The Honeymoon’s Over: Debt Ceiling Nears Limit

Last week, while we were all consumed with the devastating impact of Hurricane Sandy and the final days of the 2012 campaign, the U.S. Department of Treasury issued a quiet warning that the U.S. was about to hit the debt ceiling. Don’t feel bad about missing this news—it was buried at the bottom of a Treasury news release.

Treasury continues to expect the debt limit to be reached near the end of 2012. However, Treasury has the authority to take certain extraordinary measures to give Congress more time to act to ensure we are able to meet the legal obligations of the United States of America. We continue to expect that these extraordinary measures would provide sufficient “headroom” under the debt limit to allow the government to continue to meet its obligations until early in 2013.

You recall that in August 2011, Democrats and Republicans in Washington finally overcame a bitter stalemate on the debt ceiling, raising the legal limit to $16.394 trillion. According to Treasury, we’re now in line to top that limit by the end of this year—meaning it will take only about 16 months of spending for our government to reach the limit.

Democratic Senate Majority Leader Harry Reid is unequivocal that the debt ceiling will be raised again, and he indicates it should be done without debate. CNS News reports:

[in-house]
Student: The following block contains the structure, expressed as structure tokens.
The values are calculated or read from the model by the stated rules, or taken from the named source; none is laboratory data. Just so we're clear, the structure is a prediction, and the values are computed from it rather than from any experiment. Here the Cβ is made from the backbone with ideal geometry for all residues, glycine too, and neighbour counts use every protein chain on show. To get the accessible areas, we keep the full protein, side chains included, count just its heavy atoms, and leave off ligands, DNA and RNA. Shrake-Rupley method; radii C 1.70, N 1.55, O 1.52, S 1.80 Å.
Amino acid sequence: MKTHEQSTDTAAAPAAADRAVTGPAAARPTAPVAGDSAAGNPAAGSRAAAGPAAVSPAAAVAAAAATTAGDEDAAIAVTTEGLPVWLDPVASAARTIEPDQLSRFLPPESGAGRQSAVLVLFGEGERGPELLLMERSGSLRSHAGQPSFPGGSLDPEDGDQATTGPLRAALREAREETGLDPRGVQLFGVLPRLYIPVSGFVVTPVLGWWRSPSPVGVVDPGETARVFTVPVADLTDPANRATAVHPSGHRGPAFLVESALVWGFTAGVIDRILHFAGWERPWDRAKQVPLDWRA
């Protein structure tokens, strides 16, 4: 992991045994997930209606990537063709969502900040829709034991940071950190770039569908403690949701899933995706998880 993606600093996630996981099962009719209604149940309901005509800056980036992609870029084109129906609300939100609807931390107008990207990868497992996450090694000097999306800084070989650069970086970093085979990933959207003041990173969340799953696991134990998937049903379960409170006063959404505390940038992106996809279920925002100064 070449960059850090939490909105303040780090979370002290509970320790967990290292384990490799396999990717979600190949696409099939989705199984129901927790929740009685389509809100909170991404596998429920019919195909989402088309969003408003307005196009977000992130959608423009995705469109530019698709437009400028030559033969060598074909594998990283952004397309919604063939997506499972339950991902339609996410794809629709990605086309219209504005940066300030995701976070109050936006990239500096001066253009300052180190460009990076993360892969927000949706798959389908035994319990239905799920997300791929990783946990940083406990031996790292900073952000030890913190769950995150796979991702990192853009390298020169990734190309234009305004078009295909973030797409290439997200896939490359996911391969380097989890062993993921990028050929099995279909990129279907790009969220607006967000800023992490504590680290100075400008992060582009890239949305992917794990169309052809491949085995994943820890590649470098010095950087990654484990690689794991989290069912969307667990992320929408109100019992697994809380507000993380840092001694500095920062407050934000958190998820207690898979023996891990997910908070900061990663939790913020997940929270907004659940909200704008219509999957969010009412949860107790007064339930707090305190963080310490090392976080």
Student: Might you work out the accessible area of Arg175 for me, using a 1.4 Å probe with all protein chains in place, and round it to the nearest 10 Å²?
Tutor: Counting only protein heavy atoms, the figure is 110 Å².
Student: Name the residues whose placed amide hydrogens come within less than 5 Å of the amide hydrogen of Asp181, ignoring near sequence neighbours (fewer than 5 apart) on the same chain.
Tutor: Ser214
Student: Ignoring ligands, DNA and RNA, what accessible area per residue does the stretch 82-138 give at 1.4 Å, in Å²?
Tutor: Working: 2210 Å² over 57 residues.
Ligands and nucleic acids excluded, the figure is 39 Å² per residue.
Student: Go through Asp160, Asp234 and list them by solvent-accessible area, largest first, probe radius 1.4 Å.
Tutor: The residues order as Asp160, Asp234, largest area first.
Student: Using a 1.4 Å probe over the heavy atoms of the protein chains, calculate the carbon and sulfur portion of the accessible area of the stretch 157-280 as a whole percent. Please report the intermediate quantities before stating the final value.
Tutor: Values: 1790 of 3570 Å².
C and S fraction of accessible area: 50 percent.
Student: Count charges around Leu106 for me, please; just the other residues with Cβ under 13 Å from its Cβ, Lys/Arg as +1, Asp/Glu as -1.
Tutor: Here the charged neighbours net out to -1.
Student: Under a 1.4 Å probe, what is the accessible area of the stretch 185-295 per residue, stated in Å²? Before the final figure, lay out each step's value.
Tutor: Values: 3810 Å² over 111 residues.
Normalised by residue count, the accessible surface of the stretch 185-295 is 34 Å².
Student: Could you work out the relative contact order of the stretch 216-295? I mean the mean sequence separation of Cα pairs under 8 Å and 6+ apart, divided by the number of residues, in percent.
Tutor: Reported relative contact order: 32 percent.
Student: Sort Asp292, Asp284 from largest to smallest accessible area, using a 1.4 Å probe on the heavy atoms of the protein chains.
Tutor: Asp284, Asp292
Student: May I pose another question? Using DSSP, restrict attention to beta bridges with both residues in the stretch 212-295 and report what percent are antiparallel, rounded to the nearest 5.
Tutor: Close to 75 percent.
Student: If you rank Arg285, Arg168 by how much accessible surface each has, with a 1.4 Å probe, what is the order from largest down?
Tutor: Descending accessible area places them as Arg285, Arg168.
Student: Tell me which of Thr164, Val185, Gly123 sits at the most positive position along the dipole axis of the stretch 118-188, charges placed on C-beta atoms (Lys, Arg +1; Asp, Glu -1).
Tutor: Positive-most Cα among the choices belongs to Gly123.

“I think the debt ceiling will come after the first of the year,” Reid said. “But please everyone accept this: They tried it before—they, the Republicans.”

“They tried it before – ‘We’re going to shut down the government, and we’re not going to raise the debt ceiling,’” he said. “If they want to go through that again, fine.”

“But we’re not going to be held subject to something that was done as a matter of fact in all previous administrations,” Reid said. then asked, “But will you support raising it by another $2.4 trillion?”

“If it has to be raised, we’ll raise it,” he said.

Keep in mind that with the planned automatic spending cuts slated for January under “sequestration,” $500 billion of which will come from the defense budget, we still won’t reduce the debt. We’ll only slow the rate of growth in the deficit for a few years. So, not only will we get a complete lack of smart, targeted spending reform that we need—we’ll increase our debt levels while we diminish our defense capabilities with these “meat ax” cuts.

It’s a monumental failure of governance, but amazingly this was barely an issue in the 2012 campaign. Where’s the leadership?

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